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Worldwide dining etiquette

Helpful hints on worldwide dining etiquette

Head of International Travel Law Nick Harris

Dated: 28th October 2015

We live in a shrinking world, once-exotic regions now reachable with a low-cost flight and relative ease. But it's worth remembering that the time-honoured habits accepted at foreign dinner tables won't necessarily change just because those countries are now popular holiday destinations.

With this in mind, and to save you embarrassment when you next sit down to teriyaki in Tokyo or a bisque in Brittany, here's Simpson Millar's potted guide to international table manners. Bon appetit!


Breakfast lunch dinner all inclusive holiday
  • Dining in Europe, particularly in France, Spain, Italy and Greece, is a serious business. Unless you're holidaying in the Parisian banking quarter you're unlikely to see a local grabbing a quick lunchtime baguette at the workstation. In rural areas lunch alone can last 2 hours, with all local shops and garages religiously closed. So if you're taking the kids, it's best to be certain they won't get fidgety from the enforced inactivity.
  • Wherever you dine in Europe, resist putting your hands in your lap. After all, you could be concealing a weapon – or so fellow diners would have thought in the 18th century. It's acceptable to rest your wrists – but NOT your elbows – on the table.
  • Spanish diners love the 'sobremesa': it's that period immediately after eating when you digest your food and chat to your companions. Don't simply get up and leave the table; as with many things in less frantic parts of the world, there's no hurry – and you are on holiday.
  • In Greece, don't be surprised if your host insists you have a 2nd or even a 3rd helping. It's polite to accept, even if you've had your fill.
  • In Germany, don't cut your potatoes with your knife. To your hosts, this means insufficient cooking time, so mash your spuds with your fork.
  • Hungarians won't propose a toast with beer. But with wines and spirits, it's fine to chink glasses.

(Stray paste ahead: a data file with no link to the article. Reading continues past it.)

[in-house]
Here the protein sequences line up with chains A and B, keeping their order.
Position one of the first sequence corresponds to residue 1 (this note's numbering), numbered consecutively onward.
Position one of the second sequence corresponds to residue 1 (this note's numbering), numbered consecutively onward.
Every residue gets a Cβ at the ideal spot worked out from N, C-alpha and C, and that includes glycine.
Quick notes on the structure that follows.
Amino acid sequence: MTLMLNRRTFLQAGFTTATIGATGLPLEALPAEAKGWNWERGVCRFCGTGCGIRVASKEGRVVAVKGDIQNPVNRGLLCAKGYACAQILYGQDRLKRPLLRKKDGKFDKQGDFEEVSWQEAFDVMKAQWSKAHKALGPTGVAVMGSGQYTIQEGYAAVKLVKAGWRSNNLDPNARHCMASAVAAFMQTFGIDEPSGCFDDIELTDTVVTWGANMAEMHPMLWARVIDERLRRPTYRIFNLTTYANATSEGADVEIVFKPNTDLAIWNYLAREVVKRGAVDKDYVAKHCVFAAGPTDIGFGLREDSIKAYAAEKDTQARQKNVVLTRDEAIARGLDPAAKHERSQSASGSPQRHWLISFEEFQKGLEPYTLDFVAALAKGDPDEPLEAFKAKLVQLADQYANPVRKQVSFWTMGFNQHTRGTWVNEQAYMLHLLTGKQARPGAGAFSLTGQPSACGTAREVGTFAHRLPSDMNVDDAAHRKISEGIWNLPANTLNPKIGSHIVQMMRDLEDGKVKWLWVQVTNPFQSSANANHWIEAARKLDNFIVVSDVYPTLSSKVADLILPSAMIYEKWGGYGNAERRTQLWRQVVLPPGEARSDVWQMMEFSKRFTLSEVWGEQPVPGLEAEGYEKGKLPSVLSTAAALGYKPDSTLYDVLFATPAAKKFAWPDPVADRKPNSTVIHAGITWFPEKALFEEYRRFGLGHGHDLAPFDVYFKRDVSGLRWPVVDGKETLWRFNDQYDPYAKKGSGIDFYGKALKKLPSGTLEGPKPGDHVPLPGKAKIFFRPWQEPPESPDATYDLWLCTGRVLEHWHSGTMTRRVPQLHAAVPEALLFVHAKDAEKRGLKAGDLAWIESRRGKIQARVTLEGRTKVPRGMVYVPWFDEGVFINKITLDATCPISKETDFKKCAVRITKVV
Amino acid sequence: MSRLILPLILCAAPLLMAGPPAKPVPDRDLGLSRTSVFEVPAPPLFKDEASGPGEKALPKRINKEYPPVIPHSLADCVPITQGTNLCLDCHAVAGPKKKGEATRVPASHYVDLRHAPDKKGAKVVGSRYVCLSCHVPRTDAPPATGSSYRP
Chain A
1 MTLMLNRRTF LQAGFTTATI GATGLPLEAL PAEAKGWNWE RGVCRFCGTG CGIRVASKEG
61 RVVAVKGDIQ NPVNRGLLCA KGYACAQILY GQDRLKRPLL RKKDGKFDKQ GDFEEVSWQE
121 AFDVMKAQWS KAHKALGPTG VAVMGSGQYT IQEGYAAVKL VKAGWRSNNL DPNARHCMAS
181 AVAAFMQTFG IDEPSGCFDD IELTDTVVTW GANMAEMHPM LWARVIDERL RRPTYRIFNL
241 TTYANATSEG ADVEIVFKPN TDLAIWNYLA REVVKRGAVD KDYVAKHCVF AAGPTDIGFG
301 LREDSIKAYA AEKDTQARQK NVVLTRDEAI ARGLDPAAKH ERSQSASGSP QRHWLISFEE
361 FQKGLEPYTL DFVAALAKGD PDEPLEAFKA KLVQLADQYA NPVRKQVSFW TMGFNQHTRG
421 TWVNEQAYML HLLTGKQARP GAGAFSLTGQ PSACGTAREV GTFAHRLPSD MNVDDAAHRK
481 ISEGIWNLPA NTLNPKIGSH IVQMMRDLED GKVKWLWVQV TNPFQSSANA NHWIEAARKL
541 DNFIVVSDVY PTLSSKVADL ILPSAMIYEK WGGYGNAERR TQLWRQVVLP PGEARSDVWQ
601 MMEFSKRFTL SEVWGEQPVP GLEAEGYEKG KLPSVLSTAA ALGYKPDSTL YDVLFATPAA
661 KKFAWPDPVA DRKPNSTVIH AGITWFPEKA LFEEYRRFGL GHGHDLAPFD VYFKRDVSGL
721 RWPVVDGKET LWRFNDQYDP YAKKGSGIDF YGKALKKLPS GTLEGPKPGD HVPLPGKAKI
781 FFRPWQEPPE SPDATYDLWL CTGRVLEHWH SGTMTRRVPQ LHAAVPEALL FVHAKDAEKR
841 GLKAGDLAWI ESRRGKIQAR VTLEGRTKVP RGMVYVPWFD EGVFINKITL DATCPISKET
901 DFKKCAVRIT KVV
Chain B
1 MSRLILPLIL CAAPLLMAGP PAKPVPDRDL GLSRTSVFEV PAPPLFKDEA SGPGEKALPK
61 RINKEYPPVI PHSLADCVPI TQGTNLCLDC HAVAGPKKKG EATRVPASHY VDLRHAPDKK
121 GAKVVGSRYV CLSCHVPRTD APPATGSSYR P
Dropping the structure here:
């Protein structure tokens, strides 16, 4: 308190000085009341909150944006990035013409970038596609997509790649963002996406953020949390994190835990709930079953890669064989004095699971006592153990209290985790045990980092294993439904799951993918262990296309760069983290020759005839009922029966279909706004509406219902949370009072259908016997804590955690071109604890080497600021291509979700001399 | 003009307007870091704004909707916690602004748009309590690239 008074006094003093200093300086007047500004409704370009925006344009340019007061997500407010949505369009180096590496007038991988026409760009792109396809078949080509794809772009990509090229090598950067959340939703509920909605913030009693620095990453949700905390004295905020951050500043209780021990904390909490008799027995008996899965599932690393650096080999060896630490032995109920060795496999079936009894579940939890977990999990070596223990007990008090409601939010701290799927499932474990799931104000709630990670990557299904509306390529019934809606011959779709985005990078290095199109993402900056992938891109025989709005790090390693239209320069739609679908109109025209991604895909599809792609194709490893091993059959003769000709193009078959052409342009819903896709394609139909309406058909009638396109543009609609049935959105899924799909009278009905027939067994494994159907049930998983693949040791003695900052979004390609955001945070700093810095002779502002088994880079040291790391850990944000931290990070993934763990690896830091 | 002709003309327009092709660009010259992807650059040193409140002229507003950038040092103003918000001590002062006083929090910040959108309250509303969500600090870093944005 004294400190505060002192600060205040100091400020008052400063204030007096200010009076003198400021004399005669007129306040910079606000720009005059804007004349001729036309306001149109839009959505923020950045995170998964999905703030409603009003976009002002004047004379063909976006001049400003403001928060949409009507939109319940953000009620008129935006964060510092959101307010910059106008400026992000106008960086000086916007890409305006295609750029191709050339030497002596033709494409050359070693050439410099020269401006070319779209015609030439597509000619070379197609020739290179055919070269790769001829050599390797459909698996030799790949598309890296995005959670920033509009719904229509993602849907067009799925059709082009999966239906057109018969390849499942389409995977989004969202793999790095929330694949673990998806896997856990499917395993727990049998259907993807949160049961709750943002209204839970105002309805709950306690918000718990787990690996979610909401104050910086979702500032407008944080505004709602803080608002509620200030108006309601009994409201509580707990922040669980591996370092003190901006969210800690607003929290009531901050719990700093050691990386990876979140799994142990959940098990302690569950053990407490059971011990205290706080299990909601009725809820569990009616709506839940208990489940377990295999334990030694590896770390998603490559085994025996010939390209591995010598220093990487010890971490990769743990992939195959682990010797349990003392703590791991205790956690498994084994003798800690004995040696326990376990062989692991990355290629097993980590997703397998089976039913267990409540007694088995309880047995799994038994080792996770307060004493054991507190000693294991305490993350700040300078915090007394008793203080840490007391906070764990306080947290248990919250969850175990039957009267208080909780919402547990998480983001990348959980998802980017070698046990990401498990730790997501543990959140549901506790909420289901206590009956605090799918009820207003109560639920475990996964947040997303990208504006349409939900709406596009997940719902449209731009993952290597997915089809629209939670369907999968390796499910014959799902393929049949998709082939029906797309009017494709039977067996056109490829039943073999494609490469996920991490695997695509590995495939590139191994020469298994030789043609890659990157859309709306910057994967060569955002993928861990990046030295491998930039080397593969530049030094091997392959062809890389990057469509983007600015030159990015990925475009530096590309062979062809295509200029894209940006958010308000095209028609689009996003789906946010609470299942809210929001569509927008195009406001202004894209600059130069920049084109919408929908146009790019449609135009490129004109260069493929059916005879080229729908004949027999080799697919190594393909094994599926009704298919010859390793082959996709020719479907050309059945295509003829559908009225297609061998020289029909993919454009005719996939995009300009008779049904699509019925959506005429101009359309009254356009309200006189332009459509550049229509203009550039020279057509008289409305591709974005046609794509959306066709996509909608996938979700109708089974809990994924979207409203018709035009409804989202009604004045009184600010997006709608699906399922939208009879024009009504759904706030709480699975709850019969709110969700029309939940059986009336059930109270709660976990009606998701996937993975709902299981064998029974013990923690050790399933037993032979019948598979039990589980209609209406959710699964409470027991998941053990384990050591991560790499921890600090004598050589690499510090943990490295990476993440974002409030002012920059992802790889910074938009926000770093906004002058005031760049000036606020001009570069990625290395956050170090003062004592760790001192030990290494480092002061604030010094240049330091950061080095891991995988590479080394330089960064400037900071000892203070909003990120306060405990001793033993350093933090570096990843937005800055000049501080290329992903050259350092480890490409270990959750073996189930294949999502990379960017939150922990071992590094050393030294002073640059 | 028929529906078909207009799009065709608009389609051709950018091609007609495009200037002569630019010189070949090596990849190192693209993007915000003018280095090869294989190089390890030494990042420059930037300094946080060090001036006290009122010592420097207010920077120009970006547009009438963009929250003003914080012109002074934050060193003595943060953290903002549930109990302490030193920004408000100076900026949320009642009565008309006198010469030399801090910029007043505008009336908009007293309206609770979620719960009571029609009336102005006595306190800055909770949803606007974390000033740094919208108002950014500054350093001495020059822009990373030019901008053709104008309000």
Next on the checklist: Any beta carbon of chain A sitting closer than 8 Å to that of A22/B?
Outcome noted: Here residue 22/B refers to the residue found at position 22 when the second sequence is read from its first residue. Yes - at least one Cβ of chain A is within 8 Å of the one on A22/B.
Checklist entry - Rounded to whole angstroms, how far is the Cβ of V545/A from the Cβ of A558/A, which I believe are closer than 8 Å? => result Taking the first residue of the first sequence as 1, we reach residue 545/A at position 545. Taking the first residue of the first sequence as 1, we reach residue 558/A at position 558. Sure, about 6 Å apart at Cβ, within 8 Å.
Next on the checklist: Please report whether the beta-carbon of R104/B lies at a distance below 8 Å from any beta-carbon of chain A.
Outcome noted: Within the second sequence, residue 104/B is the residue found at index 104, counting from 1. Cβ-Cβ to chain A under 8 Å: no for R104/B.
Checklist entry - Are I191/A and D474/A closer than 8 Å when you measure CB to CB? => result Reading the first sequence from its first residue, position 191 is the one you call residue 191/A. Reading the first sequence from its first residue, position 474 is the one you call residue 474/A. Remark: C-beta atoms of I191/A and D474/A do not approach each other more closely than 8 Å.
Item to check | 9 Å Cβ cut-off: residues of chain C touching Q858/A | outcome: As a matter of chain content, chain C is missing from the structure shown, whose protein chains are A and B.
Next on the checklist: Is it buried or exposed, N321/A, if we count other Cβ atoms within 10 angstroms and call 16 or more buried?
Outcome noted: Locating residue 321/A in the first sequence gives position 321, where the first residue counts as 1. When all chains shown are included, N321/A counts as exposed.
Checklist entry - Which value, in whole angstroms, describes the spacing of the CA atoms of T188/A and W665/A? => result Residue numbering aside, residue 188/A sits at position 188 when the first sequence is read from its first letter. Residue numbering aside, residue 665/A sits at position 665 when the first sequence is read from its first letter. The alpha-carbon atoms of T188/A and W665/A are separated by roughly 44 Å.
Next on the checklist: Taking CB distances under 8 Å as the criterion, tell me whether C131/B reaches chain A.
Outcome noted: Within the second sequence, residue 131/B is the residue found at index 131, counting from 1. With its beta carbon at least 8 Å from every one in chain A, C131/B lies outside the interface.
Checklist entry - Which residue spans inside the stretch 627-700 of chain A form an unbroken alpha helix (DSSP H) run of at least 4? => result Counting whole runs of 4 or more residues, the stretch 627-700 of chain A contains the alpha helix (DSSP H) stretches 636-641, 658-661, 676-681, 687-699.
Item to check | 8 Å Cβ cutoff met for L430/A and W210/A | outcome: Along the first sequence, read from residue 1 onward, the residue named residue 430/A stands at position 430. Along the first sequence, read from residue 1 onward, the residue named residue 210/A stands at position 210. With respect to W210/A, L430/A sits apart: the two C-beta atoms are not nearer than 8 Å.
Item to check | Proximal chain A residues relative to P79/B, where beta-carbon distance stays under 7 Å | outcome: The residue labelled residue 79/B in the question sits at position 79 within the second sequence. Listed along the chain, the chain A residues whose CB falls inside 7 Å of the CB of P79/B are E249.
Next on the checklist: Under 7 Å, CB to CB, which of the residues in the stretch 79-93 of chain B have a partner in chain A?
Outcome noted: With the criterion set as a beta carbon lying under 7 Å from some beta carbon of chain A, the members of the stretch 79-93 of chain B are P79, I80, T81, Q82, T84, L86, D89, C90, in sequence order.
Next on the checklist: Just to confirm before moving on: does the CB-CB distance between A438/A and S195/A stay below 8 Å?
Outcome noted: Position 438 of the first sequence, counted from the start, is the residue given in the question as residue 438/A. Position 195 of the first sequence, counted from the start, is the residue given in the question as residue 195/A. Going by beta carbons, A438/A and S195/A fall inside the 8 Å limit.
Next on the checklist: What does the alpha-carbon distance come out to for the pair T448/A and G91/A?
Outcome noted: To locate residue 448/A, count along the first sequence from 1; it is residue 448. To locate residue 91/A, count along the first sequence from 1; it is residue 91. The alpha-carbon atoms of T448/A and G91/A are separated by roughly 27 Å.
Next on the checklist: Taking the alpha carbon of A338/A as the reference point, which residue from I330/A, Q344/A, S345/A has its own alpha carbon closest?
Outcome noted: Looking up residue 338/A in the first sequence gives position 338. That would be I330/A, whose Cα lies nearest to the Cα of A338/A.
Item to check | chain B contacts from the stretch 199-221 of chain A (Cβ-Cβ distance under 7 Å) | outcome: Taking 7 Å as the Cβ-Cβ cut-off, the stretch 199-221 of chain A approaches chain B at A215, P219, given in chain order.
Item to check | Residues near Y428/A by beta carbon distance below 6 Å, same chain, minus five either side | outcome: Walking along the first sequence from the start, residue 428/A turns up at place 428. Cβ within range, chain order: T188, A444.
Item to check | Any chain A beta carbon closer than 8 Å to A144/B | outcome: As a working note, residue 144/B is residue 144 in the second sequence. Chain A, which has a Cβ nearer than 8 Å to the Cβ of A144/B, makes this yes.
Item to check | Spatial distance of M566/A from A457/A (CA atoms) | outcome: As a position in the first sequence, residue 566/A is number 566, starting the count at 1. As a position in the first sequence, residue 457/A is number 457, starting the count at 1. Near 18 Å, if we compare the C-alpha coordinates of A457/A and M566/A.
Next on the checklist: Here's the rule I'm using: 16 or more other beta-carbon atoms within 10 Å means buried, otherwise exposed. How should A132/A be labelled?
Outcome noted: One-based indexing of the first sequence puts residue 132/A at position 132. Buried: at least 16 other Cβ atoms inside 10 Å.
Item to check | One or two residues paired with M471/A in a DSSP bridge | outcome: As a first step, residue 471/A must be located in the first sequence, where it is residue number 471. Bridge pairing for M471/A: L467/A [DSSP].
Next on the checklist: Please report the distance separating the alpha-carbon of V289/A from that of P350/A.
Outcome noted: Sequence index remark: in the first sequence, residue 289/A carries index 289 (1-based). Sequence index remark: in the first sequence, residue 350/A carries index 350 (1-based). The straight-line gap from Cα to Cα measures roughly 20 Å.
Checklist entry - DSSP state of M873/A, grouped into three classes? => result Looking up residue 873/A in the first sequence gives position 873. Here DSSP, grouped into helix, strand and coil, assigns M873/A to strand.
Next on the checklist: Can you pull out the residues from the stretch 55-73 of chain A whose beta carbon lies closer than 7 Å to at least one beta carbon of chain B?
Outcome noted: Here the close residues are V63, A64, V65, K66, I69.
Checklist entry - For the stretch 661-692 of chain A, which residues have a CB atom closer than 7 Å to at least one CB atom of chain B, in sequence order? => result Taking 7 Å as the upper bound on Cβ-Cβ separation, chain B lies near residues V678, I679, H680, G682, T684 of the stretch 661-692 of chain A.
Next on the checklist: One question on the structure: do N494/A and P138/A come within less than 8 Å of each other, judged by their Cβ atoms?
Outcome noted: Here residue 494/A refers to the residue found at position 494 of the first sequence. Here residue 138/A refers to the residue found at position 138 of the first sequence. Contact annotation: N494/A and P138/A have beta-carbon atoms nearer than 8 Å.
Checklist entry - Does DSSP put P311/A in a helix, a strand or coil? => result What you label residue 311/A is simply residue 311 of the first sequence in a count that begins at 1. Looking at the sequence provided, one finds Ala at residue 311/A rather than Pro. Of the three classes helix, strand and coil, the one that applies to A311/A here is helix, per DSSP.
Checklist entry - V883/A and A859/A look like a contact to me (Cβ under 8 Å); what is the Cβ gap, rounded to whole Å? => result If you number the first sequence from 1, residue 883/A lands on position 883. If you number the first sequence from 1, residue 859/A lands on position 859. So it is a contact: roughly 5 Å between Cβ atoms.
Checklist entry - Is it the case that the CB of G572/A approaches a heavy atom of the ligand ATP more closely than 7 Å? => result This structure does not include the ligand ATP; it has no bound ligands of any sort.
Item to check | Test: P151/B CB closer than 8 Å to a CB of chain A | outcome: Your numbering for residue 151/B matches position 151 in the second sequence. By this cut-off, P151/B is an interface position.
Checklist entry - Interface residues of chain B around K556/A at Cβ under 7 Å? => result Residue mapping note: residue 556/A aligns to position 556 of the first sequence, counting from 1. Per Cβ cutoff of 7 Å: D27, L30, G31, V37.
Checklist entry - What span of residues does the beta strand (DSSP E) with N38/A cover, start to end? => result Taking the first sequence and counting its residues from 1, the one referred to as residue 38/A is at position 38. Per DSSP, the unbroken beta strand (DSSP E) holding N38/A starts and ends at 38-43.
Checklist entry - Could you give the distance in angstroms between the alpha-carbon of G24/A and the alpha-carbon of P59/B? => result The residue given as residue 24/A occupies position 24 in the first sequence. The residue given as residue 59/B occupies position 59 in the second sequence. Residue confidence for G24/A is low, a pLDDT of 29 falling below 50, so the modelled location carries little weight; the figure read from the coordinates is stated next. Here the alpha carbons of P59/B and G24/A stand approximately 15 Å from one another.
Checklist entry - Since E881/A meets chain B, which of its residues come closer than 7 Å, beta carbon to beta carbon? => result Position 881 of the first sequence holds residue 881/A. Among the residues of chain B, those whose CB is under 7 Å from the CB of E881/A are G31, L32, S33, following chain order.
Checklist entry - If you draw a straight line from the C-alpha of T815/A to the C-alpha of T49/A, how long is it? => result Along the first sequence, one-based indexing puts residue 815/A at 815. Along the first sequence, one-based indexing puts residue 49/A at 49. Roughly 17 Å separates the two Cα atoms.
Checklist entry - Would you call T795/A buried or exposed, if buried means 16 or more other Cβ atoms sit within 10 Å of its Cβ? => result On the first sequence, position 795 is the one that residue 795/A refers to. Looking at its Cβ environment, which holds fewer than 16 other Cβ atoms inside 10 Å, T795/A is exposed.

Dining abroad


  • In Ethiopia, it's perfectly normal to see locals feeding each other by hand. This practice, called 'gursha', is a sign of hospitality; that participants are bonding socially and are trustful of each other.

Middle East

  • Many Muslims refuse cutlery and consume food only with their right hand. The left hand, which maintains hygiene, is regarded as unclean.
  • Like in many cultures, in the Middle East food and those who prepare it are considered worthy of great respect. If you accidentally allow bread to fall, reclaim it from the ground, kiss it and hold it briefly to your forehead prior to returning it to your plate.

Eurasia, East and South Asia

Raise a toast on holiday
  • At dinner in Georgia, expect much boisterous toasting. The 'supra' can go on throughout the meal (happily for some, the glasses are usually small).
  • In Korea, using both hands to accept food from someone older is a mark of respect, as is allowing them to commence eating before you.
  • In China and Japan, show how much you enjoyed your meal by slurping and lightly burping – it'll be considered high praise by your hosts.
  • If you finish your meal and put your chopsticks upright in your rice bowl...don't. In Japan it means you're offering your food to the ghost of someone departed. Rather use the special little rest, or put them back on your plate.
  • A lot of Asians frown on consuming every last morsel. The offended locals, assuming they've given you too little, will keep replenishing your plate. You can signal that you've had a sufficiency by leaving some food uneaten.
  • Wait for a fellow diner to replenish your drinks, instead of refilling your own glass.
  • In Thailand, a fork is only used to push food onto the much-preferred spoon.
  • Don't tip in Japan – it's considered an insult, suggesting he's low-paid and menial.
  • In the Indian sub-continent, never offer anyone else at table, not even your Western companions, a taste. Once food is on your plate, it's considered spoiled.
  • Before a meal in India you should wash your mouth as well as your hands. And don't be afraid to lick your fingers; your host will take it that you enjoyed the food. But don't verbally thank your host – that's regarded as a type of payment. Better to return the compliment by returning the dinner invitation.
Dining etiquette

South and Central America

  • In Mexico, only snobs use cutlery on a taco. Eat this delicious filled tortilla by hand, as if you're scoffing asparagus in Britain.
  • Mexicans, Venezuelans and Colombians love to haggle, especially over a paying a restaurant bill. Don't be shy of accepting another's kindness then reciprocating the invitation – and insist upfront on paying next time.
  • As delicious as you might find Chilean food, helping yourself to seconds is simply not done. Your host is bound to offer you more, so hang in there.